A client’s posture provides much information regarding the natural state of their tissues. Through postural analysis it is possible to determine which areas of their body are under more strain than others, and which muscle groups are causing this strain.
Good posture requires a person to maintain the alignment of certain body parts; poor posture is often acknowledged as a cause of musculoskeletal pain, joint restriction or general discomfort. When used in the context of therapy—physiotherapy, massage therapy, osteopathy or chiropractic, for example—the term posture more precisely describes the relationships among various parts of the body, their anatomical arrangement and how well they do or do not fit together.
Most posture assessments are performed while you are standing. The simplest type of posture analysis is a visual assessment . Major posture abnormalities can be seen with the naked eye, but a posture chart is used to pinpoint subtle posture problems. Posture may also be assessed by using a plumb line, such as a weighted string hung from the ceiling to establish a line of gravity. Posture may also be assessed by computerized analysis and this type posture assessment is considered the most precise.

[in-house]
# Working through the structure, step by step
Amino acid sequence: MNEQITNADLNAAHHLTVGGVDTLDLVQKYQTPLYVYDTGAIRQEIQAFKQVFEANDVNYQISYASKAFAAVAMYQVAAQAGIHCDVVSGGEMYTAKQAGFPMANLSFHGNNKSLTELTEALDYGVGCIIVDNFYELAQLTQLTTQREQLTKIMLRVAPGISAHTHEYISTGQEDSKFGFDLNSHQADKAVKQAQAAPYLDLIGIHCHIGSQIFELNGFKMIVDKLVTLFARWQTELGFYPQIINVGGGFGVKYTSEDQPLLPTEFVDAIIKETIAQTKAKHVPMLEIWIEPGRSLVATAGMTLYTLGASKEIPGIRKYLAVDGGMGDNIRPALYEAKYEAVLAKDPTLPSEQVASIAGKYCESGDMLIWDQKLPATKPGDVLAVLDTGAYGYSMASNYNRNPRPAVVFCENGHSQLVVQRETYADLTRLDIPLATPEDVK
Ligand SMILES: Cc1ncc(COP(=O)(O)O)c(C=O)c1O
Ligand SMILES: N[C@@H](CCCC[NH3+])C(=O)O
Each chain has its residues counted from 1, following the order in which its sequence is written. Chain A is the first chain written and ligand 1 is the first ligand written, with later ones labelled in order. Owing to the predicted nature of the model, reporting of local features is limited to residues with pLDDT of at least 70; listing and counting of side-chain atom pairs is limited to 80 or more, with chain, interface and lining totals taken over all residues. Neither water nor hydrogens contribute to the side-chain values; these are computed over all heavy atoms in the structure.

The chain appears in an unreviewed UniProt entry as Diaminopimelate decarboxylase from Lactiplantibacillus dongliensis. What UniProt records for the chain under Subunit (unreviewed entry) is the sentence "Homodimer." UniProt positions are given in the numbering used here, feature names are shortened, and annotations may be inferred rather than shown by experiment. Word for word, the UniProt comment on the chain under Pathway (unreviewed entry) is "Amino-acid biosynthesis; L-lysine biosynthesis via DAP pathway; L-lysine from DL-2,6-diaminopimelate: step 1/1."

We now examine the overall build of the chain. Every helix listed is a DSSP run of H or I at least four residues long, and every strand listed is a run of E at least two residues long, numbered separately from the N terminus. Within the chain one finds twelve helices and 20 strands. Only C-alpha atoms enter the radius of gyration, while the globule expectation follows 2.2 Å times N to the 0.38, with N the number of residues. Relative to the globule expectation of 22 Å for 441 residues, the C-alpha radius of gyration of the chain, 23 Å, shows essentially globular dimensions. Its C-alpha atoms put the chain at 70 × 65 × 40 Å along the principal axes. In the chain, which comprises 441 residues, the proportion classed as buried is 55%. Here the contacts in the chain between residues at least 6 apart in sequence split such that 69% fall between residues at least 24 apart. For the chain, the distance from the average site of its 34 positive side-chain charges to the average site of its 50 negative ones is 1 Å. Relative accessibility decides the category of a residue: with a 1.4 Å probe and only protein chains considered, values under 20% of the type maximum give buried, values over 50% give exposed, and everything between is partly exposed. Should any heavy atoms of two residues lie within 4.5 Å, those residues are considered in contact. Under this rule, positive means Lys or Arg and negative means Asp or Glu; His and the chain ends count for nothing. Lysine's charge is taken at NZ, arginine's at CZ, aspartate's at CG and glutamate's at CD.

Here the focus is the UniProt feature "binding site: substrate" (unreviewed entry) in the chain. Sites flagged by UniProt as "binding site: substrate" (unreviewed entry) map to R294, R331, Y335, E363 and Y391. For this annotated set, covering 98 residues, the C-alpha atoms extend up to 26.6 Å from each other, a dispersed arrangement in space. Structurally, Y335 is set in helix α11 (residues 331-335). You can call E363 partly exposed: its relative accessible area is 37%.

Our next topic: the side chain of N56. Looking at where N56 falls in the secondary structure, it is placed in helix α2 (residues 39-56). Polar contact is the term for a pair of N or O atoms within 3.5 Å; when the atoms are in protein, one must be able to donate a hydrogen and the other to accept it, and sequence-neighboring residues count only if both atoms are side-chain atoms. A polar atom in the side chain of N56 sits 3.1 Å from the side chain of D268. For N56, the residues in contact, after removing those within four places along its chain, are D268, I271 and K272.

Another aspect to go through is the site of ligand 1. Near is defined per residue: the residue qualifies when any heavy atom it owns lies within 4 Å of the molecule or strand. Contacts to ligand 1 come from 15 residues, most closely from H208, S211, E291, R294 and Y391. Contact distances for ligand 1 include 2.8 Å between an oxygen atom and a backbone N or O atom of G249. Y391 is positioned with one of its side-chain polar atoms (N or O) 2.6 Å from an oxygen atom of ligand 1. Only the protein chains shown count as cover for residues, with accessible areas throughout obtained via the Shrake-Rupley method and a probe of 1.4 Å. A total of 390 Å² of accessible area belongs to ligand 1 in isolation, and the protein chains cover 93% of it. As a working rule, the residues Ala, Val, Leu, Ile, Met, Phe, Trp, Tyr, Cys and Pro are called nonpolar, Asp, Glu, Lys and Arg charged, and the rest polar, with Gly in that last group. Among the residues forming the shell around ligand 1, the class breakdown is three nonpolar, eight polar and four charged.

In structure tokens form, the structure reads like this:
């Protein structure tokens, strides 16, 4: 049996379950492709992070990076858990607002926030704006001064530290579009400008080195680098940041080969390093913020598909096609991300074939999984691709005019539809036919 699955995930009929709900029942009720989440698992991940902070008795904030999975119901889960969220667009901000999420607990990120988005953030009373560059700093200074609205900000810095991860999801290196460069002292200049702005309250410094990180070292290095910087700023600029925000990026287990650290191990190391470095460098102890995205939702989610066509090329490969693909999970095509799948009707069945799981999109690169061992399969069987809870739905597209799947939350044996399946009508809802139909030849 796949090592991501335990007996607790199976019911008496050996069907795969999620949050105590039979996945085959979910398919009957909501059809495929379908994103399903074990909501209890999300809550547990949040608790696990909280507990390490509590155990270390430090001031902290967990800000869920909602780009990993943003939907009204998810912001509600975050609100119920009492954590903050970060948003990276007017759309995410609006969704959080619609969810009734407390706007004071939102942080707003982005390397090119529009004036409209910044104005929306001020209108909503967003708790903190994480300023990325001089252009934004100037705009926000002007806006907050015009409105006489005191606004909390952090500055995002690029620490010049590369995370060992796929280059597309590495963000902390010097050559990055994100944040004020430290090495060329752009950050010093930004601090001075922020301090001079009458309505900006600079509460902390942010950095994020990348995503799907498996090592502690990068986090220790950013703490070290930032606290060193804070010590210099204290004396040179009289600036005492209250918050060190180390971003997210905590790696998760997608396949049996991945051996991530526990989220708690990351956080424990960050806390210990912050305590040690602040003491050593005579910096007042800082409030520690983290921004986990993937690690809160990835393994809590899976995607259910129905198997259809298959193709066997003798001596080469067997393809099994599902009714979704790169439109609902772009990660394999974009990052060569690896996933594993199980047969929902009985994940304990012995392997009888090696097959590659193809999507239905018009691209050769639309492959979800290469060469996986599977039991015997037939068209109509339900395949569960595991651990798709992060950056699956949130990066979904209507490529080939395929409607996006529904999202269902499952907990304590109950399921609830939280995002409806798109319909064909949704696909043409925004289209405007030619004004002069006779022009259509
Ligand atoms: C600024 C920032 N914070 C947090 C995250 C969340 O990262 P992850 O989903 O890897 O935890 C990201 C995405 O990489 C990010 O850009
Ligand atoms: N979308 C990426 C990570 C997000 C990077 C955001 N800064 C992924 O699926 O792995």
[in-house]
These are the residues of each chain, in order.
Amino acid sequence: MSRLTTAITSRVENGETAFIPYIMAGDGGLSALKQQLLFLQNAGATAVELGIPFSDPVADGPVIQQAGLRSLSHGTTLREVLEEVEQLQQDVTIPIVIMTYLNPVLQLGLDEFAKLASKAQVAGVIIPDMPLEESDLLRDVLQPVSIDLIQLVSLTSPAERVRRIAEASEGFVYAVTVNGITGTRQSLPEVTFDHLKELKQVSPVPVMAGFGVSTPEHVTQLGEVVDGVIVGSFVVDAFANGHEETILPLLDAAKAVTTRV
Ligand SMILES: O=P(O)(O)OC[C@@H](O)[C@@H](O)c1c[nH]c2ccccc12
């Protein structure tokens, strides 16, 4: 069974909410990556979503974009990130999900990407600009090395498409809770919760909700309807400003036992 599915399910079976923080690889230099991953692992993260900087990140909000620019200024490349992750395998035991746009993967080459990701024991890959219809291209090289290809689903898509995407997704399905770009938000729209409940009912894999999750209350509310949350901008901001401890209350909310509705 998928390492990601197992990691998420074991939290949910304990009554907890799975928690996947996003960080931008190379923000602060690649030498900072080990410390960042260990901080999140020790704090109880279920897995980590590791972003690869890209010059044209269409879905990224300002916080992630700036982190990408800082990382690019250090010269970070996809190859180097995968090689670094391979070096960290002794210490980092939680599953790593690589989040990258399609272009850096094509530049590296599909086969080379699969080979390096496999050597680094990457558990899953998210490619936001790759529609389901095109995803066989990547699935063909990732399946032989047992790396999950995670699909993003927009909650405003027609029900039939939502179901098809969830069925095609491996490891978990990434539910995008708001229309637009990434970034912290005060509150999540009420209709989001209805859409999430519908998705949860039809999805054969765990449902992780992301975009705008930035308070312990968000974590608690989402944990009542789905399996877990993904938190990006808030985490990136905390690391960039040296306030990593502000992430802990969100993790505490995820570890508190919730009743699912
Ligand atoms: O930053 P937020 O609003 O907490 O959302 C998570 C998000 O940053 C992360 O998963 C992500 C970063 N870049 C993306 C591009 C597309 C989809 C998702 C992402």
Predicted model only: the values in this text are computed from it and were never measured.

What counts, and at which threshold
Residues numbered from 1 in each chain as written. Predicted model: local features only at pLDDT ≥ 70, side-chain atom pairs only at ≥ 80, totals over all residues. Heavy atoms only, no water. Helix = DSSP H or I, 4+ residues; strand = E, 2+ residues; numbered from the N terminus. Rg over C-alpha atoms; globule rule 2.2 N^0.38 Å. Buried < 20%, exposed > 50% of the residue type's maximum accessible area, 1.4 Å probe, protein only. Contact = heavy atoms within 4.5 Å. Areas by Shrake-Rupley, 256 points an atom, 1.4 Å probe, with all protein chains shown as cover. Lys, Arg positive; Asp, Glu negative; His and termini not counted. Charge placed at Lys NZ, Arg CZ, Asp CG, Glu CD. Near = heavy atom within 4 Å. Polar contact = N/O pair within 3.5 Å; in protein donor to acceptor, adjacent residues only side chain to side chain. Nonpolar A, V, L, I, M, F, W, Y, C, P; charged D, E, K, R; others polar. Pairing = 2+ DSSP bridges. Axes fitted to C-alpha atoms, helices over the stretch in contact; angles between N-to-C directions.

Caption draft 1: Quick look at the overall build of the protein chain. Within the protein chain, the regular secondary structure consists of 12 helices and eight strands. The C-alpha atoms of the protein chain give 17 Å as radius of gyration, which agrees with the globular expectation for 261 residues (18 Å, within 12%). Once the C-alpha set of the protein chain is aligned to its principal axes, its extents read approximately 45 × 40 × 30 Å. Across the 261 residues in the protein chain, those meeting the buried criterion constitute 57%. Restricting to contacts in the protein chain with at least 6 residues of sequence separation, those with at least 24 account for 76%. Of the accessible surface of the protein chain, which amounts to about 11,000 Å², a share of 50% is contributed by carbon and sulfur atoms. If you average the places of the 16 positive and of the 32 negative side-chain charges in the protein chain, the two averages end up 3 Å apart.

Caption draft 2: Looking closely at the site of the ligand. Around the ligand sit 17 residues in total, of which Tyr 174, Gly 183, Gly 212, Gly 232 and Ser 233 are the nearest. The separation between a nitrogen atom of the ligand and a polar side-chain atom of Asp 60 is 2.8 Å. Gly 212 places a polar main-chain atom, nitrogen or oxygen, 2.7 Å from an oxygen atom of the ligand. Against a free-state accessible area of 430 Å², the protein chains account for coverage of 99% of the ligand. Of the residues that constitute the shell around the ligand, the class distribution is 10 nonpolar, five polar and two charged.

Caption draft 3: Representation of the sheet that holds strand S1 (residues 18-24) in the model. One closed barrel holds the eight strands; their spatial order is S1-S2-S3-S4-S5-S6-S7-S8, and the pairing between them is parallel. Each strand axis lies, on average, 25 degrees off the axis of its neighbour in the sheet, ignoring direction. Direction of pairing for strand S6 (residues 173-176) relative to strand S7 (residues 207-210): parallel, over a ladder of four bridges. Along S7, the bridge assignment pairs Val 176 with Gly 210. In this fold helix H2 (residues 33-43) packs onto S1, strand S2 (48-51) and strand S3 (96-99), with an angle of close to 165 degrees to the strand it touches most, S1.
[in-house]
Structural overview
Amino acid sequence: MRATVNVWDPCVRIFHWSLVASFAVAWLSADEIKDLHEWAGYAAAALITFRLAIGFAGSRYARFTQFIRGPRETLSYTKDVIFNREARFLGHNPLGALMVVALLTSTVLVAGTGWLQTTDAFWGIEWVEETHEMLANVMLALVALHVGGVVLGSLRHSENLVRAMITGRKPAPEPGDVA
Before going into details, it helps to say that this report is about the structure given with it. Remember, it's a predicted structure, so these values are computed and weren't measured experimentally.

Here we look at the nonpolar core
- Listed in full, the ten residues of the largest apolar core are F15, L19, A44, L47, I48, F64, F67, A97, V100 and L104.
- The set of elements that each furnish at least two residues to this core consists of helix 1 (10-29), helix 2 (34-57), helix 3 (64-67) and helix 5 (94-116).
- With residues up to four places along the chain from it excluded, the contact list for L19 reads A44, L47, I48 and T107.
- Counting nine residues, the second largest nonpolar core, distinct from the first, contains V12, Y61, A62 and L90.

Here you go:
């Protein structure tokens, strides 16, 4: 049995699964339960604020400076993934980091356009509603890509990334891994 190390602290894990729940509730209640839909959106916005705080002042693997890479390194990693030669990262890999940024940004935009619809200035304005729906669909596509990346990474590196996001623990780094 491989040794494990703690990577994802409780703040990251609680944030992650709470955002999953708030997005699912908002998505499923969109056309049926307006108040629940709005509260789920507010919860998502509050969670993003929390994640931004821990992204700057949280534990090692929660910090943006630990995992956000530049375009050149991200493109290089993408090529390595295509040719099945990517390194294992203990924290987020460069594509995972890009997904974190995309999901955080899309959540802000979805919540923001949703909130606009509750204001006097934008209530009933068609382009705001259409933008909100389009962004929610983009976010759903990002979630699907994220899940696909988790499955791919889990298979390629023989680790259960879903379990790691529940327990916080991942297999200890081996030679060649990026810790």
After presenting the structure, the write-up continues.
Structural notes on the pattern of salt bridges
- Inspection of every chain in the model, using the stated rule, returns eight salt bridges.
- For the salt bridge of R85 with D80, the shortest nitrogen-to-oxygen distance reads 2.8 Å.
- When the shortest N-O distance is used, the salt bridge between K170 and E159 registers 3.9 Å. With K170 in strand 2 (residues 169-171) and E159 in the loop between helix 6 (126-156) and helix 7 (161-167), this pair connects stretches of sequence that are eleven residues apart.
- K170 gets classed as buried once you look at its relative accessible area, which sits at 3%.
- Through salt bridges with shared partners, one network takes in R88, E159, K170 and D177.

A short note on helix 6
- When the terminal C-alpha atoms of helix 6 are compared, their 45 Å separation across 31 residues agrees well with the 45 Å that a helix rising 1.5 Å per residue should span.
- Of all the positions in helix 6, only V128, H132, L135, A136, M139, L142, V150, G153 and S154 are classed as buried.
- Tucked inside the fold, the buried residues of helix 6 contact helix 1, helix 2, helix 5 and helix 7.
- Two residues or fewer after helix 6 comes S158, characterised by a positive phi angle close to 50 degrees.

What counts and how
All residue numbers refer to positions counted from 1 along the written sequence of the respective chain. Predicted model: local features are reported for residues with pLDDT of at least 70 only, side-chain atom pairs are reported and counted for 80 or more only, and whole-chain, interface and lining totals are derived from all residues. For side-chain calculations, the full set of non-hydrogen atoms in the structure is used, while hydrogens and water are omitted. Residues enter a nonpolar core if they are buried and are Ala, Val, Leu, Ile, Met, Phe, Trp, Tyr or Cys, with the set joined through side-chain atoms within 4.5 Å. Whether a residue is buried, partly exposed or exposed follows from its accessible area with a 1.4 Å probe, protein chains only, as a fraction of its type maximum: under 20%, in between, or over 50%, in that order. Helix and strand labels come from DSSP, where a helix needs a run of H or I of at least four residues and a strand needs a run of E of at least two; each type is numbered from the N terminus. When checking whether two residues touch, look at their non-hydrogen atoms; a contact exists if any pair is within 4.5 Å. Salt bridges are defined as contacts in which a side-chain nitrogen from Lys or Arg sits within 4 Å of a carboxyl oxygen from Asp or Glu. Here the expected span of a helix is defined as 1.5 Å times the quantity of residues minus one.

Our office uses a combination of visual, posture chart, photographic and computerized assessment techniques to get the most accurate results possible. A full written report is provided along with recommendations to improve posture through exercises and treatment.